The Times They Are A-Changin’
The face of philanthropy is changing, and recent studies show a big part of that change is in how donors (and financial advisors) are connecting with charities. Craig C. Wruck could not have said it any better in Planned Giving in a Nutshell *.
A 2016 study by U.S. Trust and the Philanthropic Initiative called “High Net Worth Philanthropy: Charitable Practices and Preferences of Wealthy Households” revealed that an increasing number of wealthy donors are talking with — or want to talk with — financial and legal advisors about their philanthropic intentions and options. To compile the data, researchers surveyed advisors — financial/wealth advisors, attorneys, and accountants — and people with investable assets of $3 million and up.
According to the findings, a little over 23 percent of wealthy individuals consulted with at least one advisor about charitable donations. Of those, 19.5 percent broached the topic, while 5.3 percent had the discussions initiated by an advisor.
The Donor Dilemma
Number soup aside, the study makes one thing clear: Donors are becoming increasingly comfortable with seeking professional advice about their philanthropic efforts. In fact, researchers found that many donors prefer talking with an advisor over going straight to a nonprofit to discuss their intentions.
Researchers found that many donors prefer talking with an advisor over going straight to a nonprofit to discuss their intentions.
There’s a caveat, however: The study shows that although more wealthy people are involving advisors in their philanthropic planning, they’re not entirely satisfied with how those conversations are going. The donors felt that their advisors didn’t understand their motivations for giving; didn’t bring the topic up early enough; and didn’t discuss how to involve the donor’s heirs in charitable giving. What’s more, they said their advisors were too focused on philanthropy as a tax shelter, rather than as an altruistic goal rooted in the donors’ values. The fact is, even though advisors are getting more involved in philanthropic decision-making, there’s a problem: They don’t know much about it — and they know even less about planned giving.
The fact is, even though advisors are getting more involved in philanthropic decision-making, there’s a problem: They don’t know much about it — and even less about planned giving.
Still, the study found that almost three-quarters of donors who talk with advisors about charitable giving feel that the discussions are important, despite these misgivings. Perhaps most telling, it also found that nearly a third of all wealthy individuals surveyed would lean toward an advisor who understands charitable giving.
The takeaway is that while wealthy donors are seeking guidance more often, they’re not getting the help they desire — meaning there’s a huge opportunity for knowledgeable advisors who understand charitable giving.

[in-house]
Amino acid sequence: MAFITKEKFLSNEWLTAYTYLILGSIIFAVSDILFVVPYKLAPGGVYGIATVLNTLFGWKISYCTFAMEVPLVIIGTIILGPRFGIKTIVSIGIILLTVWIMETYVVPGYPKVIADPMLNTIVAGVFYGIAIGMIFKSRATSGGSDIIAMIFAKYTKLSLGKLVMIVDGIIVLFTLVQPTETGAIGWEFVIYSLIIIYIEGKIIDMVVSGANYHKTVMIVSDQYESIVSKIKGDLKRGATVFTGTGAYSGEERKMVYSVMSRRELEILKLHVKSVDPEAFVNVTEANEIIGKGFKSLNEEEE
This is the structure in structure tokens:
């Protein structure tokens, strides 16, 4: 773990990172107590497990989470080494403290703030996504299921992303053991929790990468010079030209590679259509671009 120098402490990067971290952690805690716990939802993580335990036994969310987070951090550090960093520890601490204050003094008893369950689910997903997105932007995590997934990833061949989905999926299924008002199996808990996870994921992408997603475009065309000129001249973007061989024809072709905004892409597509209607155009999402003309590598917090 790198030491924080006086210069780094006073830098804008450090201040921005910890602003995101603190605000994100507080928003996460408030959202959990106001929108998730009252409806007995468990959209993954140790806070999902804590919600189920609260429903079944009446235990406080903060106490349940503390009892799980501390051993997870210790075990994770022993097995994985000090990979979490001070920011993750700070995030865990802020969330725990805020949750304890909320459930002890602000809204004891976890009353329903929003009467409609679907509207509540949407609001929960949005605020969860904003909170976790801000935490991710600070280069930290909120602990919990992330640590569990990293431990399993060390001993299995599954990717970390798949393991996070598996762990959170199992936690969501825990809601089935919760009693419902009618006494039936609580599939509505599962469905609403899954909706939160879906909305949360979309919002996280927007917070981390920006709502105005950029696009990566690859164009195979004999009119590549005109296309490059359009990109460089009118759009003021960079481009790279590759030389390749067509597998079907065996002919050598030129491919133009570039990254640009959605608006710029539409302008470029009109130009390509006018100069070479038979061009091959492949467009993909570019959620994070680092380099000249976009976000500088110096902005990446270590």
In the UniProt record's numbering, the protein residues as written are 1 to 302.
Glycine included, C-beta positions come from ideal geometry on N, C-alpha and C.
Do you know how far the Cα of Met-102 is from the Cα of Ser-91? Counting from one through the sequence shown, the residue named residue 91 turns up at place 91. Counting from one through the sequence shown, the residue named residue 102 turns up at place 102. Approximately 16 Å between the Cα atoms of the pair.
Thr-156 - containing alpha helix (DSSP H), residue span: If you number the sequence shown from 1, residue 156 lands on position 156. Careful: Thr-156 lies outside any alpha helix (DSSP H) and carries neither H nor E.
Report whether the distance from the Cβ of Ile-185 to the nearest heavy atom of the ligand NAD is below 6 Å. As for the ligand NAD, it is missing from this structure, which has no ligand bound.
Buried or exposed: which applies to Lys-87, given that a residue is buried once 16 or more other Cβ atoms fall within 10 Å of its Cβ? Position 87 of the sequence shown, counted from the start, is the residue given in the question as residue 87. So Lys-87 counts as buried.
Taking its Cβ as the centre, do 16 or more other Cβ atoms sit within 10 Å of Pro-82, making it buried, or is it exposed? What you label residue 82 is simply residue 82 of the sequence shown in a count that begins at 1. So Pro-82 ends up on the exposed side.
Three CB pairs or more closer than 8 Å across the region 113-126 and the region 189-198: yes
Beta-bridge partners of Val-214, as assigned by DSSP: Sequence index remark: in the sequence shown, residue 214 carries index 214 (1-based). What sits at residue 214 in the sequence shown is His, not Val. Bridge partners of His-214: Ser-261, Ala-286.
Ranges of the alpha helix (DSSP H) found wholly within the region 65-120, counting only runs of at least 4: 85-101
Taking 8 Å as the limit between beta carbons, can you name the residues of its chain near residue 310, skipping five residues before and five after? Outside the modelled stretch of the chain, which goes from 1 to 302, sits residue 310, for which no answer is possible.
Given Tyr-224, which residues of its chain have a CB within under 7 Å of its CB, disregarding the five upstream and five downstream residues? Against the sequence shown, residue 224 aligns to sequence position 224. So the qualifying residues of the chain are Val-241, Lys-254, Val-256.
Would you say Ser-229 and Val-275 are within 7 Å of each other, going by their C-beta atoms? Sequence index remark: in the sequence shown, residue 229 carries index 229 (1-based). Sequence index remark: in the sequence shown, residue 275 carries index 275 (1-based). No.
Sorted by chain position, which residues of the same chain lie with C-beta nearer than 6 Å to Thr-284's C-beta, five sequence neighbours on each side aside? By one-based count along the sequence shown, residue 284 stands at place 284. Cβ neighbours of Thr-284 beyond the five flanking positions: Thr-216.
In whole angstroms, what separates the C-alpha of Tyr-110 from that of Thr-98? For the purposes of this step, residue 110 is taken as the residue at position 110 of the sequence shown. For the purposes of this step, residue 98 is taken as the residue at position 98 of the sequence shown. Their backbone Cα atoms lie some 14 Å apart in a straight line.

And to that end, an earlier U.S. Trust study (from 2013), found that more than half of advisors surveyed planned to gain a better understanding of charitable giving, including developing a strategic giving plan; understanding giving vehicles (including planned giving); integrating a client’s philanthropic goals into a financial plan; and engaging the next generation in philanthropy.
For their part, the advisors certainly realize it’s in their best interests to learn more — 74 percent of those surveyed said talking about charitable giving is good for business, and 56 percent said it provided inroads with their clients’ extended family.
74 percent of advisors surveyed said talking about charitable giving is good for business, and 56 percent said it provided inroads with their clients’ extended family.
A 2015 story from Financial Advisor magazine comes to a similar conclusion: Advisors who discuss philanthropy with clients differentiate themselves from their competition, and can benefit by attracting more assets from current clients.
Furthermore, the article states that clients and charities also benefit from advisor involvement: Donors are getting the best legal, tax, and investment advice, and charities are getting more money because of the relationship. For instance, the story says a good advisor can make clients aware of ways to avoid unnecessary taxes; find ways clients can give more money (or caution them against giving beyond their means); and even find alternate ways to give, such as through the donation of real estate, vehicles or art. They can even help clients manage their assets so that the client receives an income after retirement while still supporting a charity.
Embrace the Change
The world of philanthropy is becoming more complicated every day: tax laws are subject to change, there are a plethora of options for donation vehicles, and the financial implications of making a bad decision can be disastrous. The need for expert guidance will only continue to grow — it’s up to advisors to ensure that they’re up to the challenge of providing it.
(*) 4th edition available at Amazon.com.